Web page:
However, factoring can be a cash bonanza to a growing business, especially one that cannot obtain the necessary capital through traditional borrowing.
Most venture capitalists concentrate their financing efforts on later-stage business funding. Some venture capital firms will, however, consider financing a start-up. What they want to see from any entrepreneur seeking funding is a history of start-up successes under the applicant’s belt. They are best known for financing high-tech firms, but they do finance other types of businesses over 50 percent non-high-tech businesses for some venture capitalists.
Venture capital firms prefer to cut deals that provide an exit path within five years. They view the probability, or not, that a firm will be successful enough to go public or be purchased by a larger company. They also expect very high returns for their investment risk that only the fast pace of highly profitable growth will bring. They want to see a management team in place that can handle rapid growth. And they want that management team to be well balanced with all types of experience and skill represented creative, engineering, financial, marketing, and management.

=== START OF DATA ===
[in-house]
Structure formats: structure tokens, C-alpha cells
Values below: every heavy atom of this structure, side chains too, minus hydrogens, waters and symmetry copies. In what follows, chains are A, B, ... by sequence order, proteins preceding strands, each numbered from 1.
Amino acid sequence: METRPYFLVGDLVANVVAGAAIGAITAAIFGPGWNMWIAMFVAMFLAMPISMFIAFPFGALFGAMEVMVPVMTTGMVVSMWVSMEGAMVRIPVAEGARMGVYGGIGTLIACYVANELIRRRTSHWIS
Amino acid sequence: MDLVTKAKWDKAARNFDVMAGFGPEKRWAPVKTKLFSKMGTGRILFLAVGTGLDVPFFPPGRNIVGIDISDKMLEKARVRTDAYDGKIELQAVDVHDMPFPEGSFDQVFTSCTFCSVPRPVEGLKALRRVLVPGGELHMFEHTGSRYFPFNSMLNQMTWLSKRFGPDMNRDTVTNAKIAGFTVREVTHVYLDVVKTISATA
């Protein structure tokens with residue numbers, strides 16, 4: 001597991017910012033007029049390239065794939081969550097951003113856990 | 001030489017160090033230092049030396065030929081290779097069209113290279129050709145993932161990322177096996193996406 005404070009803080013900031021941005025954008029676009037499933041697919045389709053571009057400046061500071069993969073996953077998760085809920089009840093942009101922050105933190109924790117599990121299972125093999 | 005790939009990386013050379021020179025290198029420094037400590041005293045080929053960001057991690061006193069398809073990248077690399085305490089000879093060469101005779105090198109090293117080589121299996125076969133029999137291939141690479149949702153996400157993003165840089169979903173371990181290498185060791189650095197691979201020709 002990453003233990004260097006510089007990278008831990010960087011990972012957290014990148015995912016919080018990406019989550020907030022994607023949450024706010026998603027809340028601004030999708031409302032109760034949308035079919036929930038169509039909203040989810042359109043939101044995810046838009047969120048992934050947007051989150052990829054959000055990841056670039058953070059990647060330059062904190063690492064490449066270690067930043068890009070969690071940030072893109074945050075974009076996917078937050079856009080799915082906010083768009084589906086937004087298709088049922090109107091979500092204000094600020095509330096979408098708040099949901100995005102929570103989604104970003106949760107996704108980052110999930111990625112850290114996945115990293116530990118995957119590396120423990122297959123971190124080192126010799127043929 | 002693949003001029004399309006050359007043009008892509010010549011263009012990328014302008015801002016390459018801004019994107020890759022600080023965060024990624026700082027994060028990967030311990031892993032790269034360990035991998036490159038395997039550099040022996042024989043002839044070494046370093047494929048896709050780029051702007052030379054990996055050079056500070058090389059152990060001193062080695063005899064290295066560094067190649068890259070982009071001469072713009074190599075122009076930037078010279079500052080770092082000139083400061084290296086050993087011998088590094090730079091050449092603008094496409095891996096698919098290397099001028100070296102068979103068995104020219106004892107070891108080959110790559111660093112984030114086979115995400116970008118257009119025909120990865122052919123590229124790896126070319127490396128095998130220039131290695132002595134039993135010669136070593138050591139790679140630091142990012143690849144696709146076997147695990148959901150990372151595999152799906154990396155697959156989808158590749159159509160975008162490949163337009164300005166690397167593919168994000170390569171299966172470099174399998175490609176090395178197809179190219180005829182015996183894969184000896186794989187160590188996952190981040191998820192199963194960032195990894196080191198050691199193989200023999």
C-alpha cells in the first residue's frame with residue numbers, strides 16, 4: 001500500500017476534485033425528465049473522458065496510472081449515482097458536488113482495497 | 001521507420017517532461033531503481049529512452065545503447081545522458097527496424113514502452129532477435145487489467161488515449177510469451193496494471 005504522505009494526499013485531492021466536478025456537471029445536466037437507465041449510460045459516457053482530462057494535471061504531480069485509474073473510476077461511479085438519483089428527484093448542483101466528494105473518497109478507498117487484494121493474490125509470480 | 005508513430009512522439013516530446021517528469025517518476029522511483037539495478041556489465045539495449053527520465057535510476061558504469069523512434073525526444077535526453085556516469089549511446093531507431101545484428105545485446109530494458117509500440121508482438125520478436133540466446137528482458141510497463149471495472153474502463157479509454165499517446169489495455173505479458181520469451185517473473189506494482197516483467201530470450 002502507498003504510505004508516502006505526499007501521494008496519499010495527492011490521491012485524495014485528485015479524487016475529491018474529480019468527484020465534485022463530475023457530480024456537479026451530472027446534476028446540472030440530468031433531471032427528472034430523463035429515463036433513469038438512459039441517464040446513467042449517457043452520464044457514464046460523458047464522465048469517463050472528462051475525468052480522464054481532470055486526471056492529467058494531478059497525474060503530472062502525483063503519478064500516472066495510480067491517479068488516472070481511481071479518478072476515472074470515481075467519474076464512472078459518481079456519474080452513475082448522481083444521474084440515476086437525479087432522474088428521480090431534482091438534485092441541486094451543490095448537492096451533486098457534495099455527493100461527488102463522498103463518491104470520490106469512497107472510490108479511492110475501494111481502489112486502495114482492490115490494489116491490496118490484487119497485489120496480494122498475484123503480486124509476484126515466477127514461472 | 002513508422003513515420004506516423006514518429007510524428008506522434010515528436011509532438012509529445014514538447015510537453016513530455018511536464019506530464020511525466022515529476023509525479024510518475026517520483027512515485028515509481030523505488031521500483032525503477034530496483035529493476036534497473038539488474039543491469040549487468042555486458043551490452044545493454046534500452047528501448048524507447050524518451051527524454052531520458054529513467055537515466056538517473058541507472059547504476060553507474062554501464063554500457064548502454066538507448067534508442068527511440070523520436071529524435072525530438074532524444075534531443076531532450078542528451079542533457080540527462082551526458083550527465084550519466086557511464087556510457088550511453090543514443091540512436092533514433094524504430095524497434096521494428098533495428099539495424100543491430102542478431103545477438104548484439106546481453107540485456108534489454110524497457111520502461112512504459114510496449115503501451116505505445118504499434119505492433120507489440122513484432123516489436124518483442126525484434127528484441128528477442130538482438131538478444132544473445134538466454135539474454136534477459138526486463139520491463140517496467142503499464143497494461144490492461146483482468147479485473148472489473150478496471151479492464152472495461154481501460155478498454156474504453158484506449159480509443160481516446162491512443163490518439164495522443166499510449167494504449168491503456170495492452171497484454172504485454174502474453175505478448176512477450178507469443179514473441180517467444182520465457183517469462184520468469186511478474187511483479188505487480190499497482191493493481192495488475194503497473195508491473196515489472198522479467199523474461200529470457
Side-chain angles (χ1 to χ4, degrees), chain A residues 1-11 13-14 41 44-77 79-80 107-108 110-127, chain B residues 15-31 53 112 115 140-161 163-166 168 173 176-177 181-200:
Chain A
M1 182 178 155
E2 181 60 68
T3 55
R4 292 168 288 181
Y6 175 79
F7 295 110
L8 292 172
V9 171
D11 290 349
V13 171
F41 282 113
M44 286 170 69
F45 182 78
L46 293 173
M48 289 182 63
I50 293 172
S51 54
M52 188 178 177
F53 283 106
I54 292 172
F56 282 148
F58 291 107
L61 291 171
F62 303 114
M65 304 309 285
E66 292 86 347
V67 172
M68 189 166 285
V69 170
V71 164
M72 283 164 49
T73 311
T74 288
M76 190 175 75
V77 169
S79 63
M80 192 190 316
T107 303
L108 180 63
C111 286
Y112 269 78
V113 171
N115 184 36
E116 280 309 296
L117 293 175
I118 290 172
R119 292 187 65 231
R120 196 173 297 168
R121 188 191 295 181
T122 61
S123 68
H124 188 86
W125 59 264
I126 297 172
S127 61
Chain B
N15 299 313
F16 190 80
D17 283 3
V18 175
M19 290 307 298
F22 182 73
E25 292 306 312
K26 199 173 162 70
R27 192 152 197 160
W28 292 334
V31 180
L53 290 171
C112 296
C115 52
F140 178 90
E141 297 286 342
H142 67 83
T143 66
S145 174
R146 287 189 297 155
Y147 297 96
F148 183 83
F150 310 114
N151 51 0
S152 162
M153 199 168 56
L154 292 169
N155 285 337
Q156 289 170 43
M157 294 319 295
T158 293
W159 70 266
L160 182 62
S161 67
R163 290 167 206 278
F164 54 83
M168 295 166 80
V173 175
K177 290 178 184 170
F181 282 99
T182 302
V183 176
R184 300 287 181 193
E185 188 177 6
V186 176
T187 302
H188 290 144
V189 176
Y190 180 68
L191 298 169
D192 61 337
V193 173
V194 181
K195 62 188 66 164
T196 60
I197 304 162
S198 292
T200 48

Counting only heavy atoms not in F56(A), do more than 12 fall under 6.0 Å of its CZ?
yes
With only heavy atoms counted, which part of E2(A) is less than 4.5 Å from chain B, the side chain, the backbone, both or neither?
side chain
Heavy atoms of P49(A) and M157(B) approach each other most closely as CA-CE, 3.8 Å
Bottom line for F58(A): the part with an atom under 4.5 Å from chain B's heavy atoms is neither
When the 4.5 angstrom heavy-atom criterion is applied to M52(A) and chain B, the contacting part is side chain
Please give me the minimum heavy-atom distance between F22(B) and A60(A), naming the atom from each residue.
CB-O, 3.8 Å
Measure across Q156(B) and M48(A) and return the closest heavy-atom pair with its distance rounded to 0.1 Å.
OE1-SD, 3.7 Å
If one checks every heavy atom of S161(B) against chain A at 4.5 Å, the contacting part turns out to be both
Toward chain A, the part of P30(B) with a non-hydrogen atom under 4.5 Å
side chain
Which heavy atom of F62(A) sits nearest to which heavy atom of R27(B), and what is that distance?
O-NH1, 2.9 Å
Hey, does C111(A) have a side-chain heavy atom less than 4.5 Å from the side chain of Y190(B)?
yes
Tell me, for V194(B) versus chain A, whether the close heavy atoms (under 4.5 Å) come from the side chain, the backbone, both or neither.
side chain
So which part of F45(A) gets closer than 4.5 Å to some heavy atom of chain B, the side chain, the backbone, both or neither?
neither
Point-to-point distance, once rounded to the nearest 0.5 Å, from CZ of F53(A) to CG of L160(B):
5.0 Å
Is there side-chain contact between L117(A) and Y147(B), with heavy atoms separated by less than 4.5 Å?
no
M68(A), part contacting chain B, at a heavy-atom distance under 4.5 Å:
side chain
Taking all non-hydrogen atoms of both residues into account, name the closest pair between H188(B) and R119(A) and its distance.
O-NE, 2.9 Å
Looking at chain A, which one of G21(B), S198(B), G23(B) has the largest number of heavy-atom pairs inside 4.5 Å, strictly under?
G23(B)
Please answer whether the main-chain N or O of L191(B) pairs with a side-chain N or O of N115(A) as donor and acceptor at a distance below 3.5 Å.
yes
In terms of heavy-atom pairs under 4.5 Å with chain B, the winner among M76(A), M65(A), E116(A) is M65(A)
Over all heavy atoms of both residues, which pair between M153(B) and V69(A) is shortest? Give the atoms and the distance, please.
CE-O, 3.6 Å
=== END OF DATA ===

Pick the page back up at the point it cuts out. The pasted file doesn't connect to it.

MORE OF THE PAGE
Entrepreneurs who have taken their firms public are generally shocked by the amount of energy and anxiety that goes into the initial public offering. And, later, they are frustrated by the added demands placed on them as a CEO of a public as opposed to a private firm.